30 Years
Map showing their arrival (Click image for larger picture)

Indians have been voyaging to East Africa since 1000 BC, long before the African continent was awoken by the white man. There is much documentary evidence to this effect in the Indian literature by mentioning their voyages in dhows and small boats. The earliest sailors recorded are Kanji Maalam and Raamsinh Maalam (they are referred to as "nakhuda" (meaning master of the dhow)).


They carried rice, millet and wheat with them bargaining for gold, ivory and wax. It was during one such voyage that Kanji Maalam (also referred to as Kana Maalam) came face to face with Vasco da Gama, the Portuguese explorer who was lost at sea and rescued him and escorted his ship to the port of Calicut, India on 22nd May 1498. The Portuguese have recorded the meeting between them as:

"These Indians are tawny men; they wore but little clothing and have long beards and long hair, which they braid. They told us they ate no beef. Their language differs from that of the Arabs, but some of them know a little of it, as they hold much intercourse with them"

Freeman-Granville The East African Coast (Vasco da Gama's Discovery of East Africa for Portugal 1498. p.55, Clarendon Press, Oxford 1962).

"Indians have traded up and down the East African Coast for centuries"
Patrick Balfour: Lords of the Equator.
Travel Book Club, London 1938

The Indian's knowledge of East Africa goes back thousands of years, as the Mountains of the Moon and the source of the Nile are mentioned in the Ancient Hindu religious literature called "Puranas". Many Indian researchers and the historians believe that East Africa and India was once a single continent until the land between the two disappeared under the sea, parting the continents.

These are an authoritative record of India's relationship with East Africa. Vasco da Gama was stunned with the beauty of India, so much so, that he decided to establish a base in India that resulted in Goa being seized and occupied by Alfonso de Albuquerque of Portugal in 1510. For the next two centuries Portuguese was the dominant power in the Indian Ocean. The sea voyages became unsafe due to Portuguese and later Arab piracy.

The Portuguese interest in voyaging to the coast was mainly to plunder the gold and ivory when they descended usually at six months intervals when the sea was calm and the journey comfortable.

With the occupation of Goa in India, the Portuguese desire for colonialism increased and as a result, Mombasa was occupied. The Arabs resisted but they had no answer to Portuguese superior weaponry. The Portuguese colonial rule began.

They built a formidable fort naming it Fort Jesus from where they could observe the sea for any danger from dhows or ships, as Zanzibar, which was under Arab rule, was only 125 miles away.

The Arab resistance continued. They had the advantage of manpower and the population's support. The siege of Fort Jesus began in 1696 and the war lasted for nearly two years and the Arabs were successful in scaling the fortress. The enemy garrison escaped in ships anchored at the harbour.

Mombasa was again under Arab rule but there were internal rivalries amongst them and it was an obstacle for any commercial development. No Indians or Europeans are recorded to have been in Mombasa during this period. The Portuguese and Arab ocean piracy continued.

Again, it was an Indian who raised his head and sword against this unholy and unsocial dominance. His name was Ranmal Lakha, one of the bravest Lohana warrior, who was born in a very poor family. As a young boy, he arrived in Bombay selling fans at two paisa and made a living and later got employed at five rupees per month on a dhow, subsequently raising higher to fifteen rupees and taking over the sole charge of the dhow.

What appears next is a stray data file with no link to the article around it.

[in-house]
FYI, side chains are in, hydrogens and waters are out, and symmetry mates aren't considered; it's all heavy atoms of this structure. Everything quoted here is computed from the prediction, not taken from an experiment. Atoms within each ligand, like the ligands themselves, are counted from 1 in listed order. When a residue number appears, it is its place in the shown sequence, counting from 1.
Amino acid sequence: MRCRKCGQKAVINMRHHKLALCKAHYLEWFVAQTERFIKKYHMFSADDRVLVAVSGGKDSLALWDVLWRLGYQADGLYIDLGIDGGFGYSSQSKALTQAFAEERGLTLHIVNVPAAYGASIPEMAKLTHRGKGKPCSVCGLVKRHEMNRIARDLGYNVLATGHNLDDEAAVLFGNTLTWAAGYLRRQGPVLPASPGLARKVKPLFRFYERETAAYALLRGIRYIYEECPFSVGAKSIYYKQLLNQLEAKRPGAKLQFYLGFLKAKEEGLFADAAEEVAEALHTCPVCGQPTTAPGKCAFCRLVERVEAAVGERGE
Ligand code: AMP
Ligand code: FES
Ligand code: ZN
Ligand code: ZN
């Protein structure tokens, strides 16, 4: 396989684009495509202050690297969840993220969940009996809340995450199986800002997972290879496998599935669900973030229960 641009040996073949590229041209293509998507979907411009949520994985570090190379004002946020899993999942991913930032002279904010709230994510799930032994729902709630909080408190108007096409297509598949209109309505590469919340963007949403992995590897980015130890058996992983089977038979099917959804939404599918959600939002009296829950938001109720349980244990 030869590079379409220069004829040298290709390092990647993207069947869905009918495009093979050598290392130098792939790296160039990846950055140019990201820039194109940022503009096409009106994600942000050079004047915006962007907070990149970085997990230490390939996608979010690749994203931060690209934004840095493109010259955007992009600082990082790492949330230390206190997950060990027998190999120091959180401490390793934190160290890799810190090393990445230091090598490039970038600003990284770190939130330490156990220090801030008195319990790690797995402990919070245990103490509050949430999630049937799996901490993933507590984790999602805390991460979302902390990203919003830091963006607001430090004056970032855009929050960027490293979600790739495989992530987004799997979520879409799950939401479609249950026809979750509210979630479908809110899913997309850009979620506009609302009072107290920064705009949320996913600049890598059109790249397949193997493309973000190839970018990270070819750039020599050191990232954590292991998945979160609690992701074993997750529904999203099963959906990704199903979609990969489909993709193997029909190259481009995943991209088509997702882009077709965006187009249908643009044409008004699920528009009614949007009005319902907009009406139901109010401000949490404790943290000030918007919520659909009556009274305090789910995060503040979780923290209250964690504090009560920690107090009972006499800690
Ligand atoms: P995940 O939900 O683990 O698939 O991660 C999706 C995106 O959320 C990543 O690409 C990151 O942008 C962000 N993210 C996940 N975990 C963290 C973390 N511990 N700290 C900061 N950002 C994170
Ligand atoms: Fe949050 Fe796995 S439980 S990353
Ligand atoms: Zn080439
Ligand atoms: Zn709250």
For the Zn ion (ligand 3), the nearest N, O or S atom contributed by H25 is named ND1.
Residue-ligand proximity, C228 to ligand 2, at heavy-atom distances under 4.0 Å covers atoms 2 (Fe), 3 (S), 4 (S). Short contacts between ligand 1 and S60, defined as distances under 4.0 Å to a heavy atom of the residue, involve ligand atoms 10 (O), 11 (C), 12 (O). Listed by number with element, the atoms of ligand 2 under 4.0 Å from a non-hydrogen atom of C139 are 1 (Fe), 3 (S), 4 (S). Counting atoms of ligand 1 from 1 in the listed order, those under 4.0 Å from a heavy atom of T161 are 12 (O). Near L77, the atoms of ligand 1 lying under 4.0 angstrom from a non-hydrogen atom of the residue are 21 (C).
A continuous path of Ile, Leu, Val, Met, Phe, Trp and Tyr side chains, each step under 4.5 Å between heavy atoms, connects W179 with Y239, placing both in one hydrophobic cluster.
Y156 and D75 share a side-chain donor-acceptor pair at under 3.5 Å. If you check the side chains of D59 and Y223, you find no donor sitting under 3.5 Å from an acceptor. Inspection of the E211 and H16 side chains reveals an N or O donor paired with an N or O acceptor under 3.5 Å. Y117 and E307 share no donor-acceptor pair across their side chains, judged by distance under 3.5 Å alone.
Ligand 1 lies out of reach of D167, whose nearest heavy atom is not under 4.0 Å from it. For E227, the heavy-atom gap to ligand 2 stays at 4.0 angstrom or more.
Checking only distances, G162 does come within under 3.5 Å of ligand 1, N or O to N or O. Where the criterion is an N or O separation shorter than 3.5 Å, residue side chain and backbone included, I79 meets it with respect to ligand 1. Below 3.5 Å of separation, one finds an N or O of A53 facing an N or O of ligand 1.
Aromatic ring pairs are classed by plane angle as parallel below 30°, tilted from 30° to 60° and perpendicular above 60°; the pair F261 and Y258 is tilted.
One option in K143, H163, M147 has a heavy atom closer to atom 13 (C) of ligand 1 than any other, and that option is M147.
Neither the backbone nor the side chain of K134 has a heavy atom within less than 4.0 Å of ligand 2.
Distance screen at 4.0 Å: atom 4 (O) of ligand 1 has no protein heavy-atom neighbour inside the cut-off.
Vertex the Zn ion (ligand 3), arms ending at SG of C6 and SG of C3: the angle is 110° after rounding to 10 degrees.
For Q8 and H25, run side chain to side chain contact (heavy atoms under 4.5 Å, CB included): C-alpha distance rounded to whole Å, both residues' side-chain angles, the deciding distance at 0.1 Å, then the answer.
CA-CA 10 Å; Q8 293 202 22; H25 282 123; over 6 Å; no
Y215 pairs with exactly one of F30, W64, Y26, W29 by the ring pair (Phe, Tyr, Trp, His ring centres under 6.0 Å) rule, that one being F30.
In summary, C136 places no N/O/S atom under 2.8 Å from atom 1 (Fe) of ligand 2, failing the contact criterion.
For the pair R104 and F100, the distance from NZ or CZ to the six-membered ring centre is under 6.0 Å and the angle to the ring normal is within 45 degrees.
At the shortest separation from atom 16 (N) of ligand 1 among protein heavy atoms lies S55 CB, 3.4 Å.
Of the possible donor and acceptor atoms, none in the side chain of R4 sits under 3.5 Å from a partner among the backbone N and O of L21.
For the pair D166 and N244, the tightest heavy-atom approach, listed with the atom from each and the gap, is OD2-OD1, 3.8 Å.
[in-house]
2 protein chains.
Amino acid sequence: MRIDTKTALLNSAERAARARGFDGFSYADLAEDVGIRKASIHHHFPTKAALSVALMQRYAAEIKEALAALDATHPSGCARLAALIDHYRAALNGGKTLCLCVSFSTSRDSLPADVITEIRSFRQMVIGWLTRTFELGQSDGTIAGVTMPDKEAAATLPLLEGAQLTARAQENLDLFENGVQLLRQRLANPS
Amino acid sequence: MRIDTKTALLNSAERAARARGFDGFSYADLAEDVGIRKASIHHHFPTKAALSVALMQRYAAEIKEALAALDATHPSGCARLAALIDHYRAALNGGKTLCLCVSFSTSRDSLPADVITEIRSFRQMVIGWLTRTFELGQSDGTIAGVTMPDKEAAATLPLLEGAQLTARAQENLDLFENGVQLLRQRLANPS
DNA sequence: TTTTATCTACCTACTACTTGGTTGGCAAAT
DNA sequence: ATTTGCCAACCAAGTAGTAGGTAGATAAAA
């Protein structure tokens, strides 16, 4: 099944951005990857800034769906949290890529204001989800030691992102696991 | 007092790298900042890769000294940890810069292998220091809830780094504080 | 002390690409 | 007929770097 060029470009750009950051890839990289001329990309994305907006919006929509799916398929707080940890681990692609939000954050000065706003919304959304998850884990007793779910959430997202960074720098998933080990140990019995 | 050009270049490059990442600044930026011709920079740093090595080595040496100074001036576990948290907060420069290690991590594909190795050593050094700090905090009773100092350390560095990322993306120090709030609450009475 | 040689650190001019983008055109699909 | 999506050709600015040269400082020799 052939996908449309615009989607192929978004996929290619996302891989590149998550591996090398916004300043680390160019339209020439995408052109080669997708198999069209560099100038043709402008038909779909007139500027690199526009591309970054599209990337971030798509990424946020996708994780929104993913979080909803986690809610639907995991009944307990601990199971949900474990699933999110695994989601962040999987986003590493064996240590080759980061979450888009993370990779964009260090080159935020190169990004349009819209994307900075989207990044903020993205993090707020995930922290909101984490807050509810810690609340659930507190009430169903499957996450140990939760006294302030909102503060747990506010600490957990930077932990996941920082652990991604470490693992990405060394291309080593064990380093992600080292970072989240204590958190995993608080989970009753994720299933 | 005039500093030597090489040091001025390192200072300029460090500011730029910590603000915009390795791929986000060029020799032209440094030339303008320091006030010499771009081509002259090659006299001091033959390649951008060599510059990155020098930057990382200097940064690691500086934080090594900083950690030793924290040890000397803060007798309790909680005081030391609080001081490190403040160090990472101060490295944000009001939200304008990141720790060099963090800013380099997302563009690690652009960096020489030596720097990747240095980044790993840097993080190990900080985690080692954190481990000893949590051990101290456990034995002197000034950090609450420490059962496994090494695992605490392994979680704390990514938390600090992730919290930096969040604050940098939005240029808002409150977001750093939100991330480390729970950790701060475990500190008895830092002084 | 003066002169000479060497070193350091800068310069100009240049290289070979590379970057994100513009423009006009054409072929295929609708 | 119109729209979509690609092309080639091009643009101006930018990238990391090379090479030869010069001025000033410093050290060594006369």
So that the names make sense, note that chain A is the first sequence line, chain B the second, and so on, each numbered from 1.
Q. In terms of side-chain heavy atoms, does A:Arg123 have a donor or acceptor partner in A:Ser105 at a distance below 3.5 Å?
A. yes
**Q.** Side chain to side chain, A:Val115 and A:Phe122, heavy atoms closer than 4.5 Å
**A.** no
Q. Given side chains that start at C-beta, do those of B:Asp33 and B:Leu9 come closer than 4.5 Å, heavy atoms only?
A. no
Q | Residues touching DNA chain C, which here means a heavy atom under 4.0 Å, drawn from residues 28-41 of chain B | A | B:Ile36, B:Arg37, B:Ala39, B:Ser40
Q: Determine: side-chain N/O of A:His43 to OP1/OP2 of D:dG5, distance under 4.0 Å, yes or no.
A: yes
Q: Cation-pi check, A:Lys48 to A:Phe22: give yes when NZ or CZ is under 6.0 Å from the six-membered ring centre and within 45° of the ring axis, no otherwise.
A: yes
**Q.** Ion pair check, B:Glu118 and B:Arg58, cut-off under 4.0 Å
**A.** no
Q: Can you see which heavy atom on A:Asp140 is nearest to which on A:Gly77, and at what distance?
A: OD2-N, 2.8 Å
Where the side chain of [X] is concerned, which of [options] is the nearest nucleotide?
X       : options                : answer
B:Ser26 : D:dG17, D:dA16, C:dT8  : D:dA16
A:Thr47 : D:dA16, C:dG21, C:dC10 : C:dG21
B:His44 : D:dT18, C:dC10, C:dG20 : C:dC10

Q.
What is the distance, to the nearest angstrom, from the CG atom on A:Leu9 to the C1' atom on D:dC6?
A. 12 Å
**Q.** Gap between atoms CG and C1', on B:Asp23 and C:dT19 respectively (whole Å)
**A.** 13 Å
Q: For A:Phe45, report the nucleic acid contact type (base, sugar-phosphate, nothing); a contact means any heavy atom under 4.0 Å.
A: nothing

It was on one such journey near Bombay that he rescued Governor Hornby's ship from sinking and later became the Governor's right hand man and with his help became the owner of the dhow and later fleets of ships.

By now, British administration was rooted in India but somehow, the ocean piracy continued without hindrance. Either the British didn't care or couldn't tackle the problem. It was one incident that brought an end to sea piracy.

About ninety Indian women were either abducted or paid for and shipped on an Arab dhow for the Arabian Sheiks' harems. Ranman Lakha was informed of this incident and immediately prepared his vessel with his few brave colleagues and pursued the Arab dhow, stormed it, killed the pirates and rescued all the women, who were all so much overcome with emotion that they took off Kumkum (red turmeric) from their foreheads to put a tilak (mark of pigment) on Ranmal Lakha's forehead.

He vowed there and then to make the pirate and bandit ridden Indian ocean safe and had the full support of the British Governor with gunboats to wipe off the buccaneers who roamed the seas. The other two, Haji Kassam Suleman and Padamsinh Shah are recorded to have joined in the effort. The Indian Ocean was made safe for travel.

In the initial stage the Indians began to trade in Muskat, Oman, that was ruled by an Arab Imam who occupied Zanzibar and invited Indians and Arab traders from Oman to trade and settle in Zanzibar. Thus began the Indian settlers' tale of East Africa. One name recorded just as Jeevanjee was in Zanzibar in 1818.

The Indian migration to Africa in large numbers began in 1739, when Nadir Shah invaded India ending the Moghul rule. The invasion was an open invitation to anarchy.

The tiny kingdoms who were under Moghul rule declared themselves independent and the castes Zala, Gohil, Bhil, Kathi, Maher and others fought amongst themselves to settle old scores.

It was during this period that Indian began to settle in Oman and subsequently Zanzibar. Again, it was during this time that Indian seafarers invented the name Jungbar, Jung meaning a sea faring trading boat and bar meaning a port, a place to anchor.